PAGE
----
Keywords: originary technicity, algorithms, language, materiality, digital media, performance, Erica Scourti
Against the anthropocentric binaries such as human/machine, subject/object, mind/body, this paper will offer a counter argument through the theory of originary technicty, which advances the perspective that humans have always been mediated, and as such, the privileged position of the human and its exclusive claim on agency and consciousness needs to be questioned. This perspective will be followed by an examination of the media-facilitated performance of artist Erica Scourti. Through a comparative reading with the work of playwright Samuel Beckett, the paper argues that Scourti’s performance asserts the entanglement of the human and algorithmic/linguistic and questions the boundary between the two.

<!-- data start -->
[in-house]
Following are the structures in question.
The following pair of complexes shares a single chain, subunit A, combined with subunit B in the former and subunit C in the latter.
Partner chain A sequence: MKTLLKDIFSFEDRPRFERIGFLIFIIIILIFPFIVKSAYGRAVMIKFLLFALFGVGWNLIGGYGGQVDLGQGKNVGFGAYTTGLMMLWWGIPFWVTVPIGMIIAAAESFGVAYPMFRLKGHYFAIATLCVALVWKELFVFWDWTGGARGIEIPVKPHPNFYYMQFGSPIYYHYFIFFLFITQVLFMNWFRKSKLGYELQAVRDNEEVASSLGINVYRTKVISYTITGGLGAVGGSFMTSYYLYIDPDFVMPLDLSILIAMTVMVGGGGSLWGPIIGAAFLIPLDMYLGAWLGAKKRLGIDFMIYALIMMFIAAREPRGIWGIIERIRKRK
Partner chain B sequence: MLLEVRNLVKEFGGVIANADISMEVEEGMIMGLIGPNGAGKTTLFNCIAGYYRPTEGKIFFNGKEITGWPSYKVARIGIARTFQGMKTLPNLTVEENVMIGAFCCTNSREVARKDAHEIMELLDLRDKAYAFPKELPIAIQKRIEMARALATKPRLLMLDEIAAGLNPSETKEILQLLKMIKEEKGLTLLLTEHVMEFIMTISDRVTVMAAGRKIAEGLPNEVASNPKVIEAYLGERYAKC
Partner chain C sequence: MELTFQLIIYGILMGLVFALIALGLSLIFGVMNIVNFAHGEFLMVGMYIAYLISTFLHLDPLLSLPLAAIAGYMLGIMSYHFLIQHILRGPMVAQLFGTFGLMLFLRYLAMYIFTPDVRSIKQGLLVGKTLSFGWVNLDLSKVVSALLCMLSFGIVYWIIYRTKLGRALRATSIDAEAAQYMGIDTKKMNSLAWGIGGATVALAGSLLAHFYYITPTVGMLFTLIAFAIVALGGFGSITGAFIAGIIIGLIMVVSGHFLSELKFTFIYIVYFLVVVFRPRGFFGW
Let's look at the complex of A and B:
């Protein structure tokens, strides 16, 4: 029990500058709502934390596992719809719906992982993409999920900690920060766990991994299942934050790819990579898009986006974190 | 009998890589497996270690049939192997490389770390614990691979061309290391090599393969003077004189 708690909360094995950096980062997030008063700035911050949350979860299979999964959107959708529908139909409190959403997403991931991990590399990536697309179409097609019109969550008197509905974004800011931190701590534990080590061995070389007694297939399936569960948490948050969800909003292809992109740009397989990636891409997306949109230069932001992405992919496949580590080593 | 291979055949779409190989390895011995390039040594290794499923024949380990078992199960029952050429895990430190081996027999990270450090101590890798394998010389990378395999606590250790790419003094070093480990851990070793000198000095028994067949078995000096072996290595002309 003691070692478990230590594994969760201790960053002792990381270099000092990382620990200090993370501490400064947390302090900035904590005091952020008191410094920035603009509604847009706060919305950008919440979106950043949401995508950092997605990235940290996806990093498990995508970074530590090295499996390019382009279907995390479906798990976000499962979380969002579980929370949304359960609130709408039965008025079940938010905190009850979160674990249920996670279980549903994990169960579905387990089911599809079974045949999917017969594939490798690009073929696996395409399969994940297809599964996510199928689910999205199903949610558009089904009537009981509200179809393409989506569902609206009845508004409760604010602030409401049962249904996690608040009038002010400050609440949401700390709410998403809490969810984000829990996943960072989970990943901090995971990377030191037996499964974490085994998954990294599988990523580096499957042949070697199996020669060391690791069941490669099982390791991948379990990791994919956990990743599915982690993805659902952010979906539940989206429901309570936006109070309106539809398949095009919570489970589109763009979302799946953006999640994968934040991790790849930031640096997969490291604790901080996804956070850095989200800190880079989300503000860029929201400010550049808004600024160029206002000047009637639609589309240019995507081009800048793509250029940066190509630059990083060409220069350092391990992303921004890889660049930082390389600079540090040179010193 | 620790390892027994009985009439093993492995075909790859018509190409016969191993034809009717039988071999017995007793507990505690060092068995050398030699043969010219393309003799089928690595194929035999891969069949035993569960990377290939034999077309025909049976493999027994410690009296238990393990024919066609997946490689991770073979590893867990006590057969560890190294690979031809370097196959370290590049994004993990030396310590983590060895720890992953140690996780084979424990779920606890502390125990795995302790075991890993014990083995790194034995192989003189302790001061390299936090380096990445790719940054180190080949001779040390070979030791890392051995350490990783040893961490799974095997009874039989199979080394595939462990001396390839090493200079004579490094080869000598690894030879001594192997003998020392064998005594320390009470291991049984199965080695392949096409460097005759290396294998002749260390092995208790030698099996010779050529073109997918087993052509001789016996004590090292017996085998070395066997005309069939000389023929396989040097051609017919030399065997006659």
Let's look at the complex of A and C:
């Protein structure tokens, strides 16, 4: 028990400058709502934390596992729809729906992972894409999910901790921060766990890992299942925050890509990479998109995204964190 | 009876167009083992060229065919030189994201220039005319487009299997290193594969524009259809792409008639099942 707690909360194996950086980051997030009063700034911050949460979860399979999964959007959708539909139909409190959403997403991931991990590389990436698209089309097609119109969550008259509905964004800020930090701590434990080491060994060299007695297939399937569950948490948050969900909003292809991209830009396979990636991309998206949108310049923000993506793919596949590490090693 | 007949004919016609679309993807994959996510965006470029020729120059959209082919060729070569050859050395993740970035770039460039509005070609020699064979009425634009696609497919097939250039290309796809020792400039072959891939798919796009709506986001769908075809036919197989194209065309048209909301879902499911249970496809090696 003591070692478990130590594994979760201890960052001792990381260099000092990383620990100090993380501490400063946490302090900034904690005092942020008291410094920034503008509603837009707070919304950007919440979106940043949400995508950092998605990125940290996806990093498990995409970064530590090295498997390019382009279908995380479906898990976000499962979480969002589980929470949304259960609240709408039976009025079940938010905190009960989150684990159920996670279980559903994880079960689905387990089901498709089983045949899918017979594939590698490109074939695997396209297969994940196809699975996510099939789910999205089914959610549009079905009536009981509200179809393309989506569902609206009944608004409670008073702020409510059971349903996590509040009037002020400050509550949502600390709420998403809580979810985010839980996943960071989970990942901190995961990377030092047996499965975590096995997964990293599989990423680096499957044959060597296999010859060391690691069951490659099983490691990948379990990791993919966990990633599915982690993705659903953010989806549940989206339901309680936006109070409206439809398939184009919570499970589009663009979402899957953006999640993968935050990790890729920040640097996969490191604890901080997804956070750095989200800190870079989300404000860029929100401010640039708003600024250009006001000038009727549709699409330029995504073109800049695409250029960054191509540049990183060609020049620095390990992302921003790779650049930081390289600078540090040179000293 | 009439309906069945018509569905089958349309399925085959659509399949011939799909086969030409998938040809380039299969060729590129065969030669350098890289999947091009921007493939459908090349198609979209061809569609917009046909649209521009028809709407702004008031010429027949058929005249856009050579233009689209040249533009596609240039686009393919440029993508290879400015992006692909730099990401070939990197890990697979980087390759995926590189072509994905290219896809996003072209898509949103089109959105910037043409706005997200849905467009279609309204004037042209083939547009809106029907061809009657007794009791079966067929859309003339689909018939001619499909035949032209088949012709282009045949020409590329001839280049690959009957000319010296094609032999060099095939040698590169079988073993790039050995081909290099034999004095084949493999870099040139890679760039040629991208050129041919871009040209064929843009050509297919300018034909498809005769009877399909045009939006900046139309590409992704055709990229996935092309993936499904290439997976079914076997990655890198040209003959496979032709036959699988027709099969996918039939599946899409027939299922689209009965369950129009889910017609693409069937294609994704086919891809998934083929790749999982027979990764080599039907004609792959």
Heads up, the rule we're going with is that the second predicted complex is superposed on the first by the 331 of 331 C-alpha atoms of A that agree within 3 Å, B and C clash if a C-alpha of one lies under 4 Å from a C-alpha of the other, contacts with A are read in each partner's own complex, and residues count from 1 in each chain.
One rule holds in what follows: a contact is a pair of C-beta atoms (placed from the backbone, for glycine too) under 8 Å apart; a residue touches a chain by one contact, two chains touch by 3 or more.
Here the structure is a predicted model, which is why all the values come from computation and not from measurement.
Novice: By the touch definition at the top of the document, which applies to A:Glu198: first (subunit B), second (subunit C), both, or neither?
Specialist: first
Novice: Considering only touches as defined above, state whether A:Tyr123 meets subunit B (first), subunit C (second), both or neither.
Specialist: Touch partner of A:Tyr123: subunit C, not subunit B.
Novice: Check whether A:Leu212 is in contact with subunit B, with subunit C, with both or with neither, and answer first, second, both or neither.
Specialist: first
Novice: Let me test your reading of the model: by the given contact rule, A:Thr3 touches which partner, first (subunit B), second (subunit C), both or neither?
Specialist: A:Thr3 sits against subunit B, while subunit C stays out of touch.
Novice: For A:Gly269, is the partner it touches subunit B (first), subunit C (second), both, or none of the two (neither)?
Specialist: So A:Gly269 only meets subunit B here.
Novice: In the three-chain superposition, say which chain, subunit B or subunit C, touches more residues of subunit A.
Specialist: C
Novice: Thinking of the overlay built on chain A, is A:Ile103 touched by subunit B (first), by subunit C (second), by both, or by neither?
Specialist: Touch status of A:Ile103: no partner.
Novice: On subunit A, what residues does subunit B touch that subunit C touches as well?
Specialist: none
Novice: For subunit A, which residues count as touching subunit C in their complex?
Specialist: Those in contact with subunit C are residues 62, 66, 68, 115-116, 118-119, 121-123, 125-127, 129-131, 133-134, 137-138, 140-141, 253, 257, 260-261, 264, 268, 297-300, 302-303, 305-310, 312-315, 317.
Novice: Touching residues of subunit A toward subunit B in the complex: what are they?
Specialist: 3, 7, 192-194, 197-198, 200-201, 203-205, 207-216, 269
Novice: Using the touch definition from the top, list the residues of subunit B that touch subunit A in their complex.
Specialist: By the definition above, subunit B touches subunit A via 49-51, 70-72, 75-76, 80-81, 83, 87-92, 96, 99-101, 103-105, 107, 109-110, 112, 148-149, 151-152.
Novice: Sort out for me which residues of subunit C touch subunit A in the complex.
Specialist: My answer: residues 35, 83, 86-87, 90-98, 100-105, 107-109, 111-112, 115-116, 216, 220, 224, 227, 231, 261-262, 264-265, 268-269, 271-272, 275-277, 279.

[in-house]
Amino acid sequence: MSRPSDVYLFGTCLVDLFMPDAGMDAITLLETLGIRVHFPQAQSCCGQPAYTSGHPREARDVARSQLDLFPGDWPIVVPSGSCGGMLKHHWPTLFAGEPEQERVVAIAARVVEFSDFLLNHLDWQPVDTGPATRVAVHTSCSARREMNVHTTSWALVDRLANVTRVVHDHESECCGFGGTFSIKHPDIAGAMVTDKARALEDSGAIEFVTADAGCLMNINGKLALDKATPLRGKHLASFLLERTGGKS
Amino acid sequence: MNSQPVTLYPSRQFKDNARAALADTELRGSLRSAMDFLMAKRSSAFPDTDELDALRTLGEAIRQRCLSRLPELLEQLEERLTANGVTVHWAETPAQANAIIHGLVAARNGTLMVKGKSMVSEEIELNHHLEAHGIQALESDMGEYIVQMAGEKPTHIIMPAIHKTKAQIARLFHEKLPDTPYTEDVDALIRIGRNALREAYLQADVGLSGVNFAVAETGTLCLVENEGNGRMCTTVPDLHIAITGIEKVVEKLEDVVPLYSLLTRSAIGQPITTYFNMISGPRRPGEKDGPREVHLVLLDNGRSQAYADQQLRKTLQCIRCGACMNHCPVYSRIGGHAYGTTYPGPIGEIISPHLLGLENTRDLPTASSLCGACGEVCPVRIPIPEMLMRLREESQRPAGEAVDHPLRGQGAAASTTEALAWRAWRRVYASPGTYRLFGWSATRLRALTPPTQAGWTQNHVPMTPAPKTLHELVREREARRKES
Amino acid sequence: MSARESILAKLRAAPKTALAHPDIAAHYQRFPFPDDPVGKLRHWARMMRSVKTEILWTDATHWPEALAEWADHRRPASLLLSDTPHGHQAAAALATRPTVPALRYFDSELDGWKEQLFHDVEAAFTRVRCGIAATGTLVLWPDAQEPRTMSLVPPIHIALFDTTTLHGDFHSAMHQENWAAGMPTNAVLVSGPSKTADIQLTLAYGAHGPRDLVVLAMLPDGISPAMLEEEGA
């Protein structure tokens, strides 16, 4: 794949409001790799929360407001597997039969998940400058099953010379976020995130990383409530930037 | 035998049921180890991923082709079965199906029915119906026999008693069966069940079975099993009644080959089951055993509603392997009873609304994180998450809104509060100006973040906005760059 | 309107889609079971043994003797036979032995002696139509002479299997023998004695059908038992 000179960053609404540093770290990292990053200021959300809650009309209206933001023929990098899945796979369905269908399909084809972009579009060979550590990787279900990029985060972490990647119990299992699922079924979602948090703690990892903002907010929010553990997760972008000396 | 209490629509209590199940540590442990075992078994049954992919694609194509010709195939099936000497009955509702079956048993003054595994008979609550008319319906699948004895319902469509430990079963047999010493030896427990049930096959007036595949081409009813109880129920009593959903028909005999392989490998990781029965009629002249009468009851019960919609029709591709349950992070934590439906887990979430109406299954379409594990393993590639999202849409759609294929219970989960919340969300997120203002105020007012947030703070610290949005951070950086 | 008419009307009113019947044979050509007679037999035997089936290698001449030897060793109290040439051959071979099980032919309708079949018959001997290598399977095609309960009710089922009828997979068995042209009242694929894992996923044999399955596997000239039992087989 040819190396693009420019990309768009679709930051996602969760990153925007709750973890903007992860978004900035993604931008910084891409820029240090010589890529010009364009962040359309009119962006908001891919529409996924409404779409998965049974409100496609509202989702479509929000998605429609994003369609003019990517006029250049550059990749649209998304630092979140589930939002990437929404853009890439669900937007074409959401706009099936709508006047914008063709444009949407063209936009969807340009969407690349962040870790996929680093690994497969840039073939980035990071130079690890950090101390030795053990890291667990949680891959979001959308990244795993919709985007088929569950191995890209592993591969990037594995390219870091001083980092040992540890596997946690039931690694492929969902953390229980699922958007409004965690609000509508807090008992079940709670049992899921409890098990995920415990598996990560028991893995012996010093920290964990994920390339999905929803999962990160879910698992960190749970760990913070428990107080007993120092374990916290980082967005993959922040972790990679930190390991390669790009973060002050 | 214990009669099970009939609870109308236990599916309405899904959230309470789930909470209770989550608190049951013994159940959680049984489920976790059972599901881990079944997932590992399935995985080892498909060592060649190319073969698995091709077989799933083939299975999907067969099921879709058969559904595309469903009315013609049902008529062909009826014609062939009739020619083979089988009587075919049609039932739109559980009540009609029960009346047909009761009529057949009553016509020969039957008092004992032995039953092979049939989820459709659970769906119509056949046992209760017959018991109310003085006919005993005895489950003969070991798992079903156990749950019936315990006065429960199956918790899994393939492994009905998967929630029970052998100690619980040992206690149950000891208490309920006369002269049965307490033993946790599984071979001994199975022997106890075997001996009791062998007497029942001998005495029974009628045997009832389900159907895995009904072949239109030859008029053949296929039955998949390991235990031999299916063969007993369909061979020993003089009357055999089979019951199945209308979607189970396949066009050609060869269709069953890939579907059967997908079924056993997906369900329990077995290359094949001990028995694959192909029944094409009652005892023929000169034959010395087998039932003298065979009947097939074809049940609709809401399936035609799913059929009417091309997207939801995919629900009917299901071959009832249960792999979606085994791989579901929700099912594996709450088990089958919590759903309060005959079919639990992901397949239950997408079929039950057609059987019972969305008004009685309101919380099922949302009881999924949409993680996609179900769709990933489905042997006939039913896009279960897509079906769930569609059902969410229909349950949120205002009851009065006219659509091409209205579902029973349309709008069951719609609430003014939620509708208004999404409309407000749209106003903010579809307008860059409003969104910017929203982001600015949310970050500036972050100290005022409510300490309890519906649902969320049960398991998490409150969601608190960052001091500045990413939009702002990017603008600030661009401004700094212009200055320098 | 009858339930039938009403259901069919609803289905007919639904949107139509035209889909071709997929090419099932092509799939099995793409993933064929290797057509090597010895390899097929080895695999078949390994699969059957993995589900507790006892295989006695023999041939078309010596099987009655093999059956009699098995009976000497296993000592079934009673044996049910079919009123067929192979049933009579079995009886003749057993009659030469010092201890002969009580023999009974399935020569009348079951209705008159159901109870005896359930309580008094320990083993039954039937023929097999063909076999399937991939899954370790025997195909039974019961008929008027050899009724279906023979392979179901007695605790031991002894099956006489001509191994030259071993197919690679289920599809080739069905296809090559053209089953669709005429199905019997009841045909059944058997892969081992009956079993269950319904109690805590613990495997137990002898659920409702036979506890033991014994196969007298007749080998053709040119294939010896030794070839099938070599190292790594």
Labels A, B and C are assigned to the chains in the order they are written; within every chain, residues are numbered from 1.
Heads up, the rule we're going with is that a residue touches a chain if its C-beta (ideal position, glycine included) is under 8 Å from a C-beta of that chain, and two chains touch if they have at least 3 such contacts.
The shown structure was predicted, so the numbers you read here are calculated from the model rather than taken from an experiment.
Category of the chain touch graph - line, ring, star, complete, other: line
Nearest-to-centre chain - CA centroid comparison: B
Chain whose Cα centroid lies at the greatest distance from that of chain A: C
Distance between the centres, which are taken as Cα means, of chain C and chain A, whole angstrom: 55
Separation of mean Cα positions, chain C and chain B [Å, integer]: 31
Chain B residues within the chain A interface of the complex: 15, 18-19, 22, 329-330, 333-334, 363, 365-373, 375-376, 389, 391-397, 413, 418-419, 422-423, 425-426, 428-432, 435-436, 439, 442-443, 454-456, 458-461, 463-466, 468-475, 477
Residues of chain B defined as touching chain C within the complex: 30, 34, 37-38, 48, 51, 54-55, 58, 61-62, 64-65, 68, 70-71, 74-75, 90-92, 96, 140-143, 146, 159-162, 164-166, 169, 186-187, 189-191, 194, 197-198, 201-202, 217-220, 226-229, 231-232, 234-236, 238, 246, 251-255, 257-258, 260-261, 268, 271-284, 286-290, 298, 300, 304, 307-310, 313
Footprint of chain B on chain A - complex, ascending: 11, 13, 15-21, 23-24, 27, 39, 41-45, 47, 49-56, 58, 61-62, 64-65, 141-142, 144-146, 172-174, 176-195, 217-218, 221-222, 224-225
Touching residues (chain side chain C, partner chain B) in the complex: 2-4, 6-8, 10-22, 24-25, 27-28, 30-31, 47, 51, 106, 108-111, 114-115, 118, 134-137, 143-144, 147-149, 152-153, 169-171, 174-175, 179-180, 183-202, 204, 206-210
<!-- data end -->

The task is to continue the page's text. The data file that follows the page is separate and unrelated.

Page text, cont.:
- Kevin T. Day, University of British Columbia, Vancouver, Canada. Kevin Day’s practice and research, encompassing sound, video, text, graph, and media installations, examine digital media polemics such as algorithmic culture, digital epistemology, big data, mediation, immaterial labour, cyber control, post-human concerns, and information capitalism. Informed by philosophy of technology, media studies, and critical theory, the research articulates an urgency of questioning the ubiquitous logic of framing the world through information, indicative of a cybernetic way of knowing. His practice seeks to resist the reduction of codification through an insistence on the presence of noise in the interface, which persists within the signals in the capitalist communication industry. Day was born in Taipei, Taiwan. He received his MFA from the University of British Columbia and is currently based in Vancouver. He has presented his work and research nationally and internationally, at locations such as the Vancouver Art Gallery (Vancouver), Creative Media Centre (Hong Kong), Kunsthal Aarhus (Aarhus), Free Word Centre (London), University of Hamburg (Hamburg), Qubit (New York), and Gallery 1313 (Toronto), among others. He has authored several published articles on topics such as digital memories, information capital, sound, technology, and cyber politics. His work has been generously funded by the Canada Council for the Arts and the Social Science and Humanities Research Council of Canada (SSHRC). daykevin.com